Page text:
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MARIB (Yemen), Hadi Ahmed wearily sets up a tent in Yemen’s Marib province, after fleeing fighting yet again in the
government’s last northern stronghold which is under intense pressure from Houthi rebels.
The Iran-backed fighters have long held the capital Sanaa which lies just
120 kilometres away and are mounting a fierce campaign to take the
oil-rich province.
If they are successful, it would spell disaster for the government and also
for the hundreds of thousands of displaced people sheltering in desolate
camps who would have to run for their lives once again.
Battles between the two sides have intensified in recent weeks and now
threaten the camps, including Suweida north of Marib city where Hadi, his
wife and their seven children arrived in August.
They share a plot of land just one square kilometre with 700 other
families, and have tried to make their metal-framed tent a home as best they can, setting up a fridge that they hope to connect to a generator.
“Until this moment, we have fled five times,” the 46-year-old said as
his children sat close to their meagre belongings while he fixed up their
latest dwelling.
“We arrived at this camp where there are no basic necessities for
survival.”
Hadi said they were forced to flee their home in Nihm, north of Sanaa, as
the conflict approached.
“Every time we fled… I tried to reassure them that we’re going to settle
down,” he said. “We leave a lot behind every time because we are unable to
carry our things.”
Until early 2020, Marib city was spared the worst of the conflict, due to
its strategic importance with its rich oil and gas reserves, and also because
of its location near the border of regional power Saudi Arabia.
It became a sanctuary for many in the early years of the five-year war,
taking in those hoping for a new start, but that relative stability is gone
and residents are in the line of fire as the two sides battle for control.
Among those who fled to the city were doctors and wealthy businessmen, and soon after their arrival prices of real estate jumped.
Business began to flourish as restaurants and other projects opened, until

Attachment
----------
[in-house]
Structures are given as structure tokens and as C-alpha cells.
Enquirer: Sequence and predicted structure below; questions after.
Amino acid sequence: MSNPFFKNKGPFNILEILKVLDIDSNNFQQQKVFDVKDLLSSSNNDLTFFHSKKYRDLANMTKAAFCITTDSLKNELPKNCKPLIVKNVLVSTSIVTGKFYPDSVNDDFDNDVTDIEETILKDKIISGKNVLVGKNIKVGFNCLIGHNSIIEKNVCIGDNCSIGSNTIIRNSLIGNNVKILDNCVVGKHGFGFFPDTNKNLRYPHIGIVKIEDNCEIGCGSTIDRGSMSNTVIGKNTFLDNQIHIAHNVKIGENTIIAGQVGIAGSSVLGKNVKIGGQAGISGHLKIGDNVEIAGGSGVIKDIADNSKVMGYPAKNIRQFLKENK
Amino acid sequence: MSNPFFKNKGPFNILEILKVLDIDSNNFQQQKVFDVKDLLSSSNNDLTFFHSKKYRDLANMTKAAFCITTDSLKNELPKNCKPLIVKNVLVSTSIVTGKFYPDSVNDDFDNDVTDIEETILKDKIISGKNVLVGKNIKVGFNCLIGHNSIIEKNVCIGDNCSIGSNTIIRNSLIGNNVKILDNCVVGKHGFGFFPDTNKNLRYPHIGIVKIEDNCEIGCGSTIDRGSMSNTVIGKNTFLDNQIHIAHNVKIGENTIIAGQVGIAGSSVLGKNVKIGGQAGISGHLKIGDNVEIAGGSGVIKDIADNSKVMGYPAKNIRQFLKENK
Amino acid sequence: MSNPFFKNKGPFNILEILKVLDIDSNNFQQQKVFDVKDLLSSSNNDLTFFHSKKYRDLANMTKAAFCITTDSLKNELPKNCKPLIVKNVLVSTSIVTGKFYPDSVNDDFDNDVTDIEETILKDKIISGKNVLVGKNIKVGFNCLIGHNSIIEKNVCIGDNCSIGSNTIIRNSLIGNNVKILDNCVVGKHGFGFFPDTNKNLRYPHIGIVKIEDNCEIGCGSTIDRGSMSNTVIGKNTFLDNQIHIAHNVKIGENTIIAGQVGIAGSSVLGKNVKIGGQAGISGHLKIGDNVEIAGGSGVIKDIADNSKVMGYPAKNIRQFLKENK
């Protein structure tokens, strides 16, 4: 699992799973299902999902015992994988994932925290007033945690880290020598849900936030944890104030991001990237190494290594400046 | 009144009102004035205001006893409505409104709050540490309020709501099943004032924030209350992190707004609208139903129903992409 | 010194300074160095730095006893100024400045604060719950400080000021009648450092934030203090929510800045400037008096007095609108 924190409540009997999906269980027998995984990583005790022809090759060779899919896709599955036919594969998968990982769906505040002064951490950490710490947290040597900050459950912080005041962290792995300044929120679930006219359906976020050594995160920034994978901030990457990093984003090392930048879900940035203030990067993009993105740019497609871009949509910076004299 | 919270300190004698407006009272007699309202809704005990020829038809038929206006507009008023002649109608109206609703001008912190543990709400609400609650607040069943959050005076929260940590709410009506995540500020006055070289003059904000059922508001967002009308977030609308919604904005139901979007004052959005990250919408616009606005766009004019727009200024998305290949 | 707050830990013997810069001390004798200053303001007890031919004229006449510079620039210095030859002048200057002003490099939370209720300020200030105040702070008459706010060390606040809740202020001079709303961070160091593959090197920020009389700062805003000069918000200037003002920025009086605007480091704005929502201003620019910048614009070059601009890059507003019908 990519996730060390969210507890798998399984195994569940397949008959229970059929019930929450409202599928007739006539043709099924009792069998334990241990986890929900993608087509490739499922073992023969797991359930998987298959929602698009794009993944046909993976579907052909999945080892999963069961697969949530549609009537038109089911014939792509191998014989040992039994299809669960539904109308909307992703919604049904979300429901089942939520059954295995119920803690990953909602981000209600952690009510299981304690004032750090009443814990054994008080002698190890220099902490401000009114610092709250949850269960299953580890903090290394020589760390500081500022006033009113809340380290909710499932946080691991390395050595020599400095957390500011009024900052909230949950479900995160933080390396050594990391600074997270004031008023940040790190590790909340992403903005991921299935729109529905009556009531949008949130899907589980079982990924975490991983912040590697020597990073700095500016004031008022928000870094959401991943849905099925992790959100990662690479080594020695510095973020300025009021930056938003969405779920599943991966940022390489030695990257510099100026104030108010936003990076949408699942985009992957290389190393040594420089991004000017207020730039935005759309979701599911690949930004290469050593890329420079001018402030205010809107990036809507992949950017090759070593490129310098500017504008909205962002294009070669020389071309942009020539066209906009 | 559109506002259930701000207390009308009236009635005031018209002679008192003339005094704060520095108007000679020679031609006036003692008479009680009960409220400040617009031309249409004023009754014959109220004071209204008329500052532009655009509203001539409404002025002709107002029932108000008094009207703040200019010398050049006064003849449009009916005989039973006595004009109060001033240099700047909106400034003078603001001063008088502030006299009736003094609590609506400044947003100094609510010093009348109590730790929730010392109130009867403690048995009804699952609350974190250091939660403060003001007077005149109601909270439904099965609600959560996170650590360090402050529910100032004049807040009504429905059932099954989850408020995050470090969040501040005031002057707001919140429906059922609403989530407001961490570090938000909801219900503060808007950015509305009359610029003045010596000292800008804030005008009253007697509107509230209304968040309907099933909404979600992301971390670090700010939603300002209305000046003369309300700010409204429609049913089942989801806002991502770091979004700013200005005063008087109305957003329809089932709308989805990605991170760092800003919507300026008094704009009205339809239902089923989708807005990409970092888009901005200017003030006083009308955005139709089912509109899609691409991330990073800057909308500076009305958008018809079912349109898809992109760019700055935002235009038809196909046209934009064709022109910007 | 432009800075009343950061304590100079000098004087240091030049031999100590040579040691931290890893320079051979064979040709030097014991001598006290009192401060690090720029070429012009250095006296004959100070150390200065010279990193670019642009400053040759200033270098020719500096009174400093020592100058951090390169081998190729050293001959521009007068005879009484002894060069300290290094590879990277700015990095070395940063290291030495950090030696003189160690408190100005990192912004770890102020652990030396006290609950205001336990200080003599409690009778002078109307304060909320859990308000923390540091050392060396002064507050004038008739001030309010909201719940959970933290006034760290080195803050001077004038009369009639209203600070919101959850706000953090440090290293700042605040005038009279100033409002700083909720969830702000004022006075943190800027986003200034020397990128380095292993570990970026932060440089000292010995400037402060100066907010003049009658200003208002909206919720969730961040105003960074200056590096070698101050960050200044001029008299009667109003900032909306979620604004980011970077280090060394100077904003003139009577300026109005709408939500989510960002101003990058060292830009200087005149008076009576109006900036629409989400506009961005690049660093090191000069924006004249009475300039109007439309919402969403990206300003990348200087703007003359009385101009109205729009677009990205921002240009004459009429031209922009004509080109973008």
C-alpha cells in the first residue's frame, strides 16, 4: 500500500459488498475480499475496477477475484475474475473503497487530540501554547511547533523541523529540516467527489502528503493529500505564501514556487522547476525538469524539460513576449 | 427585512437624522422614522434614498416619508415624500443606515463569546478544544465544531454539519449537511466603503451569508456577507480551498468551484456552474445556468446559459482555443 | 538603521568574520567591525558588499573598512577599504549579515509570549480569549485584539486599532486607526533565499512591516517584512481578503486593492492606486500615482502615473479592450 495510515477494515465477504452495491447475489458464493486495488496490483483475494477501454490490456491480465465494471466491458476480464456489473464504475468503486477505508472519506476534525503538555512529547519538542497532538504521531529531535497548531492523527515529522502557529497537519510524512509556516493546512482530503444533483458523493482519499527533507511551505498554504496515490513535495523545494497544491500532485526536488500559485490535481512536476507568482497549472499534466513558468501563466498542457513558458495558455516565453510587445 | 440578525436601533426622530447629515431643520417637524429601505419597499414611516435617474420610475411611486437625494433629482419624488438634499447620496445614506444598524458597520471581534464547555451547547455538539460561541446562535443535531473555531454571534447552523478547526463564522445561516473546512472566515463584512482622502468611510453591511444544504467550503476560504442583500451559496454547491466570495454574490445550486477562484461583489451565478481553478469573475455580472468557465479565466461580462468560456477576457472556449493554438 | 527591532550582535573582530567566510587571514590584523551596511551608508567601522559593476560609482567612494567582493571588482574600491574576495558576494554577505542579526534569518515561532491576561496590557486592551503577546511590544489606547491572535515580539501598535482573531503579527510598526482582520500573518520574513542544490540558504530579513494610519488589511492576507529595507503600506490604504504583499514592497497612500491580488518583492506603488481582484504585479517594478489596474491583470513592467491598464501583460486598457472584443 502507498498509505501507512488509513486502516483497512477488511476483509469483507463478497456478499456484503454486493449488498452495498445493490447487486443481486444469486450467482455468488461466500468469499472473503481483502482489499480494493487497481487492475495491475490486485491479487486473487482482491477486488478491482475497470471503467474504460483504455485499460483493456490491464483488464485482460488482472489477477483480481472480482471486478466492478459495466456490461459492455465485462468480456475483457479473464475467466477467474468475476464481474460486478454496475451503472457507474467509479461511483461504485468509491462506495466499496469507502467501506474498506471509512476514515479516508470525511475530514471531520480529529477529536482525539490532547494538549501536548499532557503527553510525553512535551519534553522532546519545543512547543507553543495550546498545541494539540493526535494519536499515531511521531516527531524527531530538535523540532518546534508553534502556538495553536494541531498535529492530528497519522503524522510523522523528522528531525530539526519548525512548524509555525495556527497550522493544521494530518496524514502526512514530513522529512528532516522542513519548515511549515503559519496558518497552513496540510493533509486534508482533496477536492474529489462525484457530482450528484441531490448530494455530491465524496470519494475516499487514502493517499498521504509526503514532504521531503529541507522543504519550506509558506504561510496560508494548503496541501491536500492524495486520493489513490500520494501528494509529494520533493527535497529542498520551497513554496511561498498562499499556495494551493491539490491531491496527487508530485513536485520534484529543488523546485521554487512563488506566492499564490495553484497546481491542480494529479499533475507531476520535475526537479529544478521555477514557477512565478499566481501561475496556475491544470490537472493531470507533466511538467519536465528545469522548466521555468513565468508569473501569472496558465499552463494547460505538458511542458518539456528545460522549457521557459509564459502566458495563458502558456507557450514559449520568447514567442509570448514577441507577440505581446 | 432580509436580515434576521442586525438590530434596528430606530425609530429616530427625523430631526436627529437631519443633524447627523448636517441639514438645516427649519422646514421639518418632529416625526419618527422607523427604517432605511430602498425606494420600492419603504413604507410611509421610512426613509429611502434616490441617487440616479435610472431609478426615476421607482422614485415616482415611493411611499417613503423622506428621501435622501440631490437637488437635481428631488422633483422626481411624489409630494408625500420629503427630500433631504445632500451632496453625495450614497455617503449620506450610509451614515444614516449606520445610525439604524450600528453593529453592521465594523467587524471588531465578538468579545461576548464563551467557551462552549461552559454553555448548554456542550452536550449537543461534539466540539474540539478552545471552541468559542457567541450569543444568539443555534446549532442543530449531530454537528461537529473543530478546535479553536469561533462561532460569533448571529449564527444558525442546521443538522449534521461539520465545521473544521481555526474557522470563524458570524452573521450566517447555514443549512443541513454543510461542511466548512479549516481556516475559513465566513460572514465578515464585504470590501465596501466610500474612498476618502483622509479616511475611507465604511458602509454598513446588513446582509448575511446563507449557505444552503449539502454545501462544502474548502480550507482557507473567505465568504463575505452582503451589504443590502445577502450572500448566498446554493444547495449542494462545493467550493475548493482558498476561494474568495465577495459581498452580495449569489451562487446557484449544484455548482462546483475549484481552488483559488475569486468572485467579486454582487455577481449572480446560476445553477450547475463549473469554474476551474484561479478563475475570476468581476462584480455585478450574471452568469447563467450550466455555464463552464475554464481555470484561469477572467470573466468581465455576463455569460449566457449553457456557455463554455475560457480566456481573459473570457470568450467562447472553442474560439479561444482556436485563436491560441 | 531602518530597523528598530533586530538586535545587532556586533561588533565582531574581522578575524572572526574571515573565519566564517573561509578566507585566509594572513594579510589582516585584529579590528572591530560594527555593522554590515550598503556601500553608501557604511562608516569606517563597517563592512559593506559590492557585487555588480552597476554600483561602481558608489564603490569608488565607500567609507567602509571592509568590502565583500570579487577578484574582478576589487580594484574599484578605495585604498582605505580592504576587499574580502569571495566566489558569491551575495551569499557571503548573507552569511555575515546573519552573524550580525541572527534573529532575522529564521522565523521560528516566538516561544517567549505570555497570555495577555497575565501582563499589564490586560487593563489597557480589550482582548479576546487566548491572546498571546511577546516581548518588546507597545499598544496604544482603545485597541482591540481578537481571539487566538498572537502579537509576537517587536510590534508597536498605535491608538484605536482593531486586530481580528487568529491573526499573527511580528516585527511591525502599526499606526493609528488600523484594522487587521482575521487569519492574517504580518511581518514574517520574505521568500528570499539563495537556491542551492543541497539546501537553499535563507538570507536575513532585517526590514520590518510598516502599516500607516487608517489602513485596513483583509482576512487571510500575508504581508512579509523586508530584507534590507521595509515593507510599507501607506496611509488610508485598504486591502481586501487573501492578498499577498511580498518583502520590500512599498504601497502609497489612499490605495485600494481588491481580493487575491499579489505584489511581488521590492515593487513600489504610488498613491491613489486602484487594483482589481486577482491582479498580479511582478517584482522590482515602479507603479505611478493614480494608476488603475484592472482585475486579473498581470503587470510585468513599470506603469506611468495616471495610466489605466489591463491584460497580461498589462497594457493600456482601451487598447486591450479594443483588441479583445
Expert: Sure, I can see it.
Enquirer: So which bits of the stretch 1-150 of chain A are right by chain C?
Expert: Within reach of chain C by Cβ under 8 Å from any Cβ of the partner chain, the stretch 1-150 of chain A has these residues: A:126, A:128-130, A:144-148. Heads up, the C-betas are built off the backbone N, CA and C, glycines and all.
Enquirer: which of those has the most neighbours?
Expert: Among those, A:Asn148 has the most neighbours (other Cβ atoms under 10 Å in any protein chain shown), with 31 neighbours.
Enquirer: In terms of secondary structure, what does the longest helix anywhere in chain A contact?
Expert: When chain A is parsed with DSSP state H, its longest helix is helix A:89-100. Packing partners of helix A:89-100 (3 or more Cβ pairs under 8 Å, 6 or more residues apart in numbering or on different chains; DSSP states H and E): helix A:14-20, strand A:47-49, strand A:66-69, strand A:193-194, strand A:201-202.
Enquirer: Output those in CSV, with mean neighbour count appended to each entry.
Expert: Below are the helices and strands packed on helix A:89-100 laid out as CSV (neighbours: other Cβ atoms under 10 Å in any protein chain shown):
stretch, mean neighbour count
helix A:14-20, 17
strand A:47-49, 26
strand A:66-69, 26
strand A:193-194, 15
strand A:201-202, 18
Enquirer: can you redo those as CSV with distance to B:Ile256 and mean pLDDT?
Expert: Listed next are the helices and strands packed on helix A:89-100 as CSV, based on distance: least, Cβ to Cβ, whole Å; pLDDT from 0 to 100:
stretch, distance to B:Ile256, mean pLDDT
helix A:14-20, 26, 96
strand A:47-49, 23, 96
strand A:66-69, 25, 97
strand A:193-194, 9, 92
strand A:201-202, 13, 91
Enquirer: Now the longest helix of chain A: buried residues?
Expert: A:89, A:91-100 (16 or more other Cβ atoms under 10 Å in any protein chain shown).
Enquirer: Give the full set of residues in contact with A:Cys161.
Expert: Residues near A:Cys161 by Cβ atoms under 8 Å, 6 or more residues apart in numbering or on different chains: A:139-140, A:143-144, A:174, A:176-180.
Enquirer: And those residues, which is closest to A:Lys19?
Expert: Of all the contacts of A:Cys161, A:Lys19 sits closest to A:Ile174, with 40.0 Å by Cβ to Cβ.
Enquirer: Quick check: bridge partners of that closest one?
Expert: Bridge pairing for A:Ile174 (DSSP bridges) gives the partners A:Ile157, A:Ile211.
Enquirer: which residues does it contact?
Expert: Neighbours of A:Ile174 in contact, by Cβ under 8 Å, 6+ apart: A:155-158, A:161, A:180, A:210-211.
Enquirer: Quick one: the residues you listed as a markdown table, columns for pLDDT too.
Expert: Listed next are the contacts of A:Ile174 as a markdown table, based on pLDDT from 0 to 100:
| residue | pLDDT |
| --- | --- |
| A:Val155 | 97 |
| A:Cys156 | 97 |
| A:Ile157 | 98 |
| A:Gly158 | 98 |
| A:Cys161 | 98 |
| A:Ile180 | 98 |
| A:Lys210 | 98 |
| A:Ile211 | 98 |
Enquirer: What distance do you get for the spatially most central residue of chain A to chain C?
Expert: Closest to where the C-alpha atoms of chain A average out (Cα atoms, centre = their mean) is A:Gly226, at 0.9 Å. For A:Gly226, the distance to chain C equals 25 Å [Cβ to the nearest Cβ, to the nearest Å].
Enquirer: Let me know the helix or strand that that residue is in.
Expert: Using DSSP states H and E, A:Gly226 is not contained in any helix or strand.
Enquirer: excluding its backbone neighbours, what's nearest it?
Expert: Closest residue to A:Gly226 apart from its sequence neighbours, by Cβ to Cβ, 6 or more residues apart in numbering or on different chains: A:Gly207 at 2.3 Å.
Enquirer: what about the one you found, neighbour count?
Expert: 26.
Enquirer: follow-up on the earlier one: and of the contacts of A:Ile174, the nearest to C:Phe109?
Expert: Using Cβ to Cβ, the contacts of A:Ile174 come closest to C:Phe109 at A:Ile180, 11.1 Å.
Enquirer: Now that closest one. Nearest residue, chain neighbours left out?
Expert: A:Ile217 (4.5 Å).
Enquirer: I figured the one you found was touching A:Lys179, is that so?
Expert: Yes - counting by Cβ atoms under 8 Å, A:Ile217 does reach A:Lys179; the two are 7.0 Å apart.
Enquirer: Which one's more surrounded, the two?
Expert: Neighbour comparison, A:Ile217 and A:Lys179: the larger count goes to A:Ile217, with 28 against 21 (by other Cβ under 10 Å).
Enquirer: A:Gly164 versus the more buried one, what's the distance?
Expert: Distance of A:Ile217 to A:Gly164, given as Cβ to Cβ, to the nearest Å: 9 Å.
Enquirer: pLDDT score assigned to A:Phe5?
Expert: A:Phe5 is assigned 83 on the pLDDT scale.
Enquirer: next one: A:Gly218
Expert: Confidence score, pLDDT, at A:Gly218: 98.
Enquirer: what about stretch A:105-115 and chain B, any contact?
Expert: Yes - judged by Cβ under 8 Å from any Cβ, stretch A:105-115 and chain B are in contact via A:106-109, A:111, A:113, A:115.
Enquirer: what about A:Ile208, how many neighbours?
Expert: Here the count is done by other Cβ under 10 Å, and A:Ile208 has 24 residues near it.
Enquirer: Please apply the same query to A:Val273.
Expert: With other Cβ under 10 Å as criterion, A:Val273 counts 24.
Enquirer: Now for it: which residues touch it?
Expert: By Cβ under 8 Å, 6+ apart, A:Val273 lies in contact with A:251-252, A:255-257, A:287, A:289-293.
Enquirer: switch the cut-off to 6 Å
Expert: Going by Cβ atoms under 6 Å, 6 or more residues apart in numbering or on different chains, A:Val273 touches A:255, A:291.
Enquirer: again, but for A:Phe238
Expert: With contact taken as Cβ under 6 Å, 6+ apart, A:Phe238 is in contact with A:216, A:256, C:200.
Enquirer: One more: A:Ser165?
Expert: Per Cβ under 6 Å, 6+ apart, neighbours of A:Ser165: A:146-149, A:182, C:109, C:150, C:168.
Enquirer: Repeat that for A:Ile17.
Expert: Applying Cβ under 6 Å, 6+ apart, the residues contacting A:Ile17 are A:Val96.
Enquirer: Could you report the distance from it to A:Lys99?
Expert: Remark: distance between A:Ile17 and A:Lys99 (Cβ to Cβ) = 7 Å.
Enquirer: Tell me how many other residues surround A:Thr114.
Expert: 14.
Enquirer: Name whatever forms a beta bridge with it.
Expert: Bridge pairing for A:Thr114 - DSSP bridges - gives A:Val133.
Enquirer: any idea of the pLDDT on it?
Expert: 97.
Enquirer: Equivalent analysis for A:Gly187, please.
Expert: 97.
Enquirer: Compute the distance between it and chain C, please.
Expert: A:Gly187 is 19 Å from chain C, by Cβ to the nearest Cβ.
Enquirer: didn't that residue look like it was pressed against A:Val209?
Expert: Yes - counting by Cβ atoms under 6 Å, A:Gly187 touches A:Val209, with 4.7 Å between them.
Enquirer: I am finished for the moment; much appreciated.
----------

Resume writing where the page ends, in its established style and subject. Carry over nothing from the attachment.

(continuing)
the fighting that erupted this year threatened all that had been established
and put it at risk of falling into Houthi hands.
Government military sources say the Houthis are inching closer to the city
and tightening the noose from three sides as well as sending hundreds of
fighters into battle.
Maged Al-Madhaji, of the Sanaa Centre for Strategic Studies, said the
conflict “constitutes the highest rate of fighting in Yemen in terms of
number of battles”.
What is happening now is a “war of attrition”, he said.
As in other parts of the war-torn country, where tens of thousands of
people have been killed and some 3.3 million people displaced, it is the
civilians paying the highest price.
If Marib falls, it would come at a time when the UN has been forced to
slash its programmes in Yemen due to a funding drought as the coronavirus
slowdown hits donor nations.
“If the worst happens and they are forced to flee, we would do everything
possible to help them but it would be a struggle,” said Lise Grande, the UN’s
humanitarian coordinator for Yemen.
“We don’t have enough capacity on the ground and we don’t have enough
funding.”
The number of internally displaced people in Marib is not clear. It is
difficult to count people staying with host communities and relatives, and
some people have fled to desert areas out of reach of humanitarian agencies.
With 140 camps currently operating, some sources put the number of
displaced at one million, and before the latest troubles the United Nations
estimated there were some 750,000.
“Nearly 80 percent of new arrivals over the past month have nowhere to go
and have had to settle in already extremely crowded displacement camps,”
International Organization for Migration spokeswoman Olivia Headon said.
“This is a major concern as hygiene and physical distancing are key to
combatting Covid-19.”
Hadi’s son has married and soon the newlyweds will share their tent with
the child they are expecting.
“I take the situation in stride because of my faith in God, but the morale
of my wife and children are low. They are tired of life,” he said.
“In case we flee again, it will truly be a disaster. Where will we go?”

Source: NAM News Network

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